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Budget compromise: 3.1 percent spending increase, most tax cuts in 2019

Teachers, principals, state employees get raise; retirees receive COLA; 'raise-the-age' implemented and funded

Carolina Journal’s Dan Way reports on key elements of the budget compromise released Monday.

The $23 billion House and Senate budget compromise will include a 3.1 percent increase in spending in the 2017-18 budget year, which is higher than the two chambers agreed to several months ago when budget writing began.

Senate leader Phil Berger Sr., R-Rockingham, said the plan does many of the things Democratic Gov. Roy Cooper has asked for while allow North Carolinians to keep more of what they make.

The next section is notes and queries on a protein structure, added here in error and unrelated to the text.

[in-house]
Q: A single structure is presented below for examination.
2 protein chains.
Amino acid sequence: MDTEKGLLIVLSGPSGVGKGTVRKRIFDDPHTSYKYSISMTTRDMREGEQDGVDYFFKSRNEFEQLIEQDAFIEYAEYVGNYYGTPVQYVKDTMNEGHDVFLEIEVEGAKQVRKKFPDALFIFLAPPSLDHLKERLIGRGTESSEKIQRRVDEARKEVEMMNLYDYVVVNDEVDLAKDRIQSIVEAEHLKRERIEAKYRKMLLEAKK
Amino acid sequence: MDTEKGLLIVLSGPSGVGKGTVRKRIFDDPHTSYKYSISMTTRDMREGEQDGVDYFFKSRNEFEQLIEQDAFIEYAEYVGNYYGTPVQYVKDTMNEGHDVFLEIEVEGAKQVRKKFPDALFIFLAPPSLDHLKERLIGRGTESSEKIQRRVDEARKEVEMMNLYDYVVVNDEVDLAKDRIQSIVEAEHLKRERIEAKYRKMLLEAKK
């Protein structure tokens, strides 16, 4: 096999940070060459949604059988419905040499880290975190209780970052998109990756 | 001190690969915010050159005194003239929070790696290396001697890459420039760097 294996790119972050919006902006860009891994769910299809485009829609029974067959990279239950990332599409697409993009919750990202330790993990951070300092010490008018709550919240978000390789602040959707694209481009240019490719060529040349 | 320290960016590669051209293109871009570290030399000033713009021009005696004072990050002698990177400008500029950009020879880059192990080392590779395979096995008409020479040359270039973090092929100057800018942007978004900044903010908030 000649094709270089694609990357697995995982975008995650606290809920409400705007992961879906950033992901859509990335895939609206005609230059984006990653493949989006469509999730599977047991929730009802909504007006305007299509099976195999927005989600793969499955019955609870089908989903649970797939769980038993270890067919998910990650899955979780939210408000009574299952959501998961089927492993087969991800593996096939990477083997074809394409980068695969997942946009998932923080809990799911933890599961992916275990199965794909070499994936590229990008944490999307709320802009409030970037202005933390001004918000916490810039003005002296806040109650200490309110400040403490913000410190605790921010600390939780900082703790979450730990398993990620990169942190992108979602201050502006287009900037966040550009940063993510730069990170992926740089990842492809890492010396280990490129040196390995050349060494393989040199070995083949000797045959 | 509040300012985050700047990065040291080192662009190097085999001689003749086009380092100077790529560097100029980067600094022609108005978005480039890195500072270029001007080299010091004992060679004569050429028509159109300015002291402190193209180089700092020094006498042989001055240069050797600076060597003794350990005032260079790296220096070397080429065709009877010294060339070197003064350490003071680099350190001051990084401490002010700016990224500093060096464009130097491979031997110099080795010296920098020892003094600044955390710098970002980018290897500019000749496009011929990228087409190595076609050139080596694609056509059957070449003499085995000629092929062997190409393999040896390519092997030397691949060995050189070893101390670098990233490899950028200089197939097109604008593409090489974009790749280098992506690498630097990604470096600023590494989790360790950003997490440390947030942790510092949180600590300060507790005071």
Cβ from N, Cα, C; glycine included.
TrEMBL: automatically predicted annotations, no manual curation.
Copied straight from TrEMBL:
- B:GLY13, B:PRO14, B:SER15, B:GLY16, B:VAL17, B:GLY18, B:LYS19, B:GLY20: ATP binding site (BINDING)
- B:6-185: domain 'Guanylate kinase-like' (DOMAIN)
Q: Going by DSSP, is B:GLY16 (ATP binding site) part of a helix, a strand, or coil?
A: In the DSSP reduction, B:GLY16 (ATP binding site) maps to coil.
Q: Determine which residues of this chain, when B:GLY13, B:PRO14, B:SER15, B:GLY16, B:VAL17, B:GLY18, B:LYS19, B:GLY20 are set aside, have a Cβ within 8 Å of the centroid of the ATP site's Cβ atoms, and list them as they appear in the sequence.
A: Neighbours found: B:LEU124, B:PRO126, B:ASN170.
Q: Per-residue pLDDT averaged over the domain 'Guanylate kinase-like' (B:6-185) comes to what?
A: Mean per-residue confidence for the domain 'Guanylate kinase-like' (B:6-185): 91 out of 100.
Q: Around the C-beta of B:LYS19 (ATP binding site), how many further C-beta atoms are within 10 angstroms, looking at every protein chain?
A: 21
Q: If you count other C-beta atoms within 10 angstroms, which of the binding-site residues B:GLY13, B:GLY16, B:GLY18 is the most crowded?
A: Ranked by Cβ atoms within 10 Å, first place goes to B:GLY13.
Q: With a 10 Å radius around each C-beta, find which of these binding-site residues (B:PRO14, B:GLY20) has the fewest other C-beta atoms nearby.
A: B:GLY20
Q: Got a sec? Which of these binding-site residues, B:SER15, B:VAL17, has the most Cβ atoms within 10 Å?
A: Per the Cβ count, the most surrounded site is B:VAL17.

To help achieve the higher spending the budget pushes the effective date of personal and corporate income tax cuts to 2019 instead of next year. The individual income tax rate would be 5.25 percent, with the standard deduction for married couples filing jointly set at $20,000. The amount of tax-free income a head of household could claim would be $15,000.

More details here.

Donna Martinez / VP of Marketing and Communications

Donna came to the John Locke Foundation in January 2003 after freelance writing for Carolina Journal and contributing to projects for the North Carolina Education Alliance. He...

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